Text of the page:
On the other hand, according to the Court, the EU legislator, both in Directive 2008/48 and Directive 93/13, has set common goals in the form of a well-functioning EU market and maintenance of a high level of protection of consumer interests. These goals are fulfilled, among other things, by Articles 5 and 10 of Directive 2008/48 (the information obligations). The Polish Act on Consumer Credit of 12 May 2011 contains the provisions that are a transposition of Directive 2008/48. Article 485 § 2 of the Civil Procedure Code must be interpreted in relation with Article 41 of the Act on Consumer Credit, which states the admissibility of securing the entrepreneur’s claims by the promissory note received from the consumer.

The reasons for the preliminary question

The Court stated that its doubts in this case are twofold. Firstly, the court assessing the admissibility of issuing the order of payment according to Article 485 § 2 of the Civil Procedure Code has to assess the admissibility of the promissory note in consumer transactions, having regard to Directive 2008/48 (in particular Articles 17 and 22.1) and Directive 93/13 (in particular Article 3.1 in relation with Article 6). Secondly, at the same time there is a doubt whether the order of payment proceedings on the basis of a promissory note itself does not make it difficult or even impossible for the consumer to exercise his rights resulting from the consumer protection system, including EU law. The obstacles to the consumer are the lack of any requirement to disclose the basic relation between the consumer and the entrepreneur, as well the shifting of the burden of proof (reference) of abusiveness of the contract’s clauses onto the consumer.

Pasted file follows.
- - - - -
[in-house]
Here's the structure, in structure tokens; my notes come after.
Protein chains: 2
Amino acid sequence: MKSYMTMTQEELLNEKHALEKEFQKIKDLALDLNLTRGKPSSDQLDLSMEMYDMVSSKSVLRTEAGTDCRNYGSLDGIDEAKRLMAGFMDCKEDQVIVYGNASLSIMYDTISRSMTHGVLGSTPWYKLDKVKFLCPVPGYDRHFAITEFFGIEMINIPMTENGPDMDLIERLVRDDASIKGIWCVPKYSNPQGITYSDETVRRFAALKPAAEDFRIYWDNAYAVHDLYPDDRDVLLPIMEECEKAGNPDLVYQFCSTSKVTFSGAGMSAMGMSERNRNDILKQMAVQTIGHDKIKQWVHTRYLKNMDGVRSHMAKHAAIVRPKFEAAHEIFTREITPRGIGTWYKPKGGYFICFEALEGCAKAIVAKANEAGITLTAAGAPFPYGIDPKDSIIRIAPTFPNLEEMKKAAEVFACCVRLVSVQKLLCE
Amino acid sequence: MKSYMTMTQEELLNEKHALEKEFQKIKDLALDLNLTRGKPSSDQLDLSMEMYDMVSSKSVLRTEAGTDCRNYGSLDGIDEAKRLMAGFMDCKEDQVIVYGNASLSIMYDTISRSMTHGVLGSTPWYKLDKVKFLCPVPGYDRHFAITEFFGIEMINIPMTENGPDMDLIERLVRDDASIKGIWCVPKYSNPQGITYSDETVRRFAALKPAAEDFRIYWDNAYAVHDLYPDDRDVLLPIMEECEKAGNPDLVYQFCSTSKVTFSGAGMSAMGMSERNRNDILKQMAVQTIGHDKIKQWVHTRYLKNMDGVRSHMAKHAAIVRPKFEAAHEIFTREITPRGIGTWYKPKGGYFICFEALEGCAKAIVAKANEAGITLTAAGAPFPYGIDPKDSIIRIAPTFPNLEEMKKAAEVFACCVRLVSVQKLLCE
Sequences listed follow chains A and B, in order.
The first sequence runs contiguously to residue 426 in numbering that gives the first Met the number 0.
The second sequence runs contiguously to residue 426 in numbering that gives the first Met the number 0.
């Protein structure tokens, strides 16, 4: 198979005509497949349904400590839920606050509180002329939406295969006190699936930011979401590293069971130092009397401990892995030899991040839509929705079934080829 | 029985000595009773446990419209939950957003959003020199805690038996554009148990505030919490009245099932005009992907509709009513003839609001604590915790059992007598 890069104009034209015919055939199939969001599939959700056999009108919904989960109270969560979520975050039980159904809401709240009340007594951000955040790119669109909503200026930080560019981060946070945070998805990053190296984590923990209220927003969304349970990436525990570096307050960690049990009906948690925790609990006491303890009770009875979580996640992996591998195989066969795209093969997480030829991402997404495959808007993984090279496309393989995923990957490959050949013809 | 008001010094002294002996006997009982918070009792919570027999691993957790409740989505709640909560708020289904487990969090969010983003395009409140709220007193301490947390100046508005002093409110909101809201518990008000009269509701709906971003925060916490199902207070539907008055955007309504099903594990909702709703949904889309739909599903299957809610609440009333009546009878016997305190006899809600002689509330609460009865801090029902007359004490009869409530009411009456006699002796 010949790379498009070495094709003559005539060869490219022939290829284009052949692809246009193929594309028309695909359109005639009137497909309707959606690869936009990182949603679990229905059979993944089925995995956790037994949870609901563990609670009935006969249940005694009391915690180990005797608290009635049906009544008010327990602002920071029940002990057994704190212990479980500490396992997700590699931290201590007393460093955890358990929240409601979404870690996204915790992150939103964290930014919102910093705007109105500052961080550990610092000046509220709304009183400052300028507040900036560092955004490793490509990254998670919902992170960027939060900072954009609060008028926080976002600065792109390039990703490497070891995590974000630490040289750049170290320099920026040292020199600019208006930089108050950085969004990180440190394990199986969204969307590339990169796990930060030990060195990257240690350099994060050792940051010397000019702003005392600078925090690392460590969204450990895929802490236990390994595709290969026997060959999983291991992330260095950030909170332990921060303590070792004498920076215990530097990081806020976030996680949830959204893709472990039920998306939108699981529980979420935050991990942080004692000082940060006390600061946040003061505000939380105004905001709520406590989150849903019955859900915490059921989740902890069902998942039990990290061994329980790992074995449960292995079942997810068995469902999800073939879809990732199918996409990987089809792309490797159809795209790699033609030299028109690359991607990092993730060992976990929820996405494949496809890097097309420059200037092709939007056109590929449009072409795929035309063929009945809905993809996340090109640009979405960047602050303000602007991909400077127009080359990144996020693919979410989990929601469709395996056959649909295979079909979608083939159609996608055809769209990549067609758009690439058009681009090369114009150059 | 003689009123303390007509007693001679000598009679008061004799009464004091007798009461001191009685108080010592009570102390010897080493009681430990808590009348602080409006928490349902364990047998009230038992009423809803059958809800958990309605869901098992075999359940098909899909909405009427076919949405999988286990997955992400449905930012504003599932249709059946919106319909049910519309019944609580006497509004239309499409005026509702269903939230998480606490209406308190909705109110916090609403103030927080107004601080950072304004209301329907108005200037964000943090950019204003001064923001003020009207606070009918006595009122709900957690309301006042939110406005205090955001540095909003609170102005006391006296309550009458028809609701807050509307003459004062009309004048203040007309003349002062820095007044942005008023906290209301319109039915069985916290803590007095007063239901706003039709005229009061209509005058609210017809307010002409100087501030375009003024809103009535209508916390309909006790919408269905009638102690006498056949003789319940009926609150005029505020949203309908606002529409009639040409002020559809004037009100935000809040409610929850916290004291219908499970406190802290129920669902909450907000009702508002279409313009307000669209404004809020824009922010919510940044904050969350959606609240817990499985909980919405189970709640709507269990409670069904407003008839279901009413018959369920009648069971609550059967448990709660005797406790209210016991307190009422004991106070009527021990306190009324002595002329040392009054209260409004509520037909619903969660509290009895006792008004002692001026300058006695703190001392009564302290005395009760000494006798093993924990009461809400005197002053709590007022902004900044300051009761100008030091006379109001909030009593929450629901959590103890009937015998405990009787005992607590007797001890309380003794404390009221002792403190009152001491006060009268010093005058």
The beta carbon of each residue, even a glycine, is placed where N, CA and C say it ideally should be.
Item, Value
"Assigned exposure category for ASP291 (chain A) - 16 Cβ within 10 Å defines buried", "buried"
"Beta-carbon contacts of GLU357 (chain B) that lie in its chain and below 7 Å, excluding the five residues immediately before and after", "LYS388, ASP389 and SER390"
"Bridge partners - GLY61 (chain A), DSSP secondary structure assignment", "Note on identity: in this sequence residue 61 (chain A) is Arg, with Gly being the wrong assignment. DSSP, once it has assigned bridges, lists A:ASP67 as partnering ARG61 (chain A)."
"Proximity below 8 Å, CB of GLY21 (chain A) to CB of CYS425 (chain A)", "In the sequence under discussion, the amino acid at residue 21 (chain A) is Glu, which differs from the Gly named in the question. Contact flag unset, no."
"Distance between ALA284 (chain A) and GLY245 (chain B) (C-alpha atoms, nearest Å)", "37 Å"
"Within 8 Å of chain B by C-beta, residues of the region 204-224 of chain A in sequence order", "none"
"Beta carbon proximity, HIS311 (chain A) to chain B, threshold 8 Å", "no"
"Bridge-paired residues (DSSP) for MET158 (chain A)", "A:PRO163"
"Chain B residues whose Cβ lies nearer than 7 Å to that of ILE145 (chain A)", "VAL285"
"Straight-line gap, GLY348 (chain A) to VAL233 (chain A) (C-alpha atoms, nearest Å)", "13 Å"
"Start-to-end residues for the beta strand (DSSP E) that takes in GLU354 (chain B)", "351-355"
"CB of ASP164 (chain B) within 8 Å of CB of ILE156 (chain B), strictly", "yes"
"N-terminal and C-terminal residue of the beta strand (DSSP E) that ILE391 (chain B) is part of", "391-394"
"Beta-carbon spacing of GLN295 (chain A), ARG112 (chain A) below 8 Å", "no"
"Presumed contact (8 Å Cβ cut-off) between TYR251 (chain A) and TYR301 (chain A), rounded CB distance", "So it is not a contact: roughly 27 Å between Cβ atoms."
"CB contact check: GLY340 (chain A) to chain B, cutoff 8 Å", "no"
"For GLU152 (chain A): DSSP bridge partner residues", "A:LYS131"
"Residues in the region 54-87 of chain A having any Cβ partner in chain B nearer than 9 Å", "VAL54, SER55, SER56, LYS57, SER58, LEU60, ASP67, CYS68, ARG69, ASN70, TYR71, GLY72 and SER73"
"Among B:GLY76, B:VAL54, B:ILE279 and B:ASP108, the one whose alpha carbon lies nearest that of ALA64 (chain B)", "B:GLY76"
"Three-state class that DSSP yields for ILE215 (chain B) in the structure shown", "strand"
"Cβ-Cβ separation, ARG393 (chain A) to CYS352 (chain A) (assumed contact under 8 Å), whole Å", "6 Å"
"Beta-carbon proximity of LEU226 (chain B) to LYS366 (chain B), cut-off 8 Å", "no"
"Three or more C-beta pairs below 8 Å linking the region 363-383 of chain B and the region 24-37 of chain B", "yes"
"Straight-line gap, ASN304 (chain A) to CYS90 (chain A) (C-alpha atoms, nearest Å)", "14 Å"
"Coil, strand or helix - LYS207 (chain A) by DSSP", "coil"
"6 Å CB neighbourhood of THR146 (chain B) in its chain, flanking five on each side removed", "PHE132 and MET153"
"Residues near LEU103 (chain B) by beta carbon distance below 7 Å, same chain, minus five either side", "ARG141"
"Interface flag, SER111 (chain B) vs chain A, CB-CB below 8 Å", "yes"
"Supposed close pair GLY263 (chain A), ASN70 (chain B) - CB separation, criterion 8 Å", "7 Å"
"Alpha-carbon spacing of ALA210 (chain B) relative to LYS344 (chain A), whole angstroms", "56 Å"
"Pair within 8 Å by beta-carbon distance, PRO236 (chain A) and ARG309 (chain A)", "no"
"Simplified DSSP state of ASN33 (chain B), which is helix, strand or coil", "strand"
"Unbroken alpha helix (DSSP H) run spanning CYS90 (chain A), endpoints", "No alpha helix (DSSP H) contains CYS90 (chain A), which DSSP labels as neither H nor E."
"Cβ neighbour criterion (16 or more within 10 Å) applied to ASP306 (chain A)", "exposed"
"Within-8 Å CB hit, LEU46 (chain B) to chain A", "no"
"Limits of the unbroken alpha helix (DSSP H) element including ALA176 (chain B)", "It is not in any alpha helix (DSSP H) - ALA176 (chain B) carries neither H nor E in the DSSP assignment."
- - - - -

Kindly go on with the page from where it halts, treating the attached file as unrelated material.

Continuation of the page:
The Court pointed out that the practical meaning of the promissory note appears mainly in connection with the order of payment proceedings. As a result, the promissory note, as well as these kinds of proceedings, constitute an integrated and functional whole. Therefore, the Court’s doubts concerning the interpretation of Directives 2008/48 and 93/13 must be connected with Article 485 § 2 of the Civil Procedure Code and Article 41 of the Act on Consumer Credit. 

The Court noticed that the CJEU has already spoken on similar issues to those of this case in two other cases regarding the orders of payment: Banco Español de Crédito (C-618/10) and Finanmadrid EFC (C-49/14). In these judgements, the CJEU dealt with the issue of assessment of national provisions that exclude a judicial review of a court’s own motion and in limine litis on whether a clause in a consumer agreement is unfair, even though the court had all necessary data (legal and factual elements) to determine that. In both these cases, the national courts were aware of the circumstances regarding the concluded contracts, and had the documents regarding these contracts (loan agreements).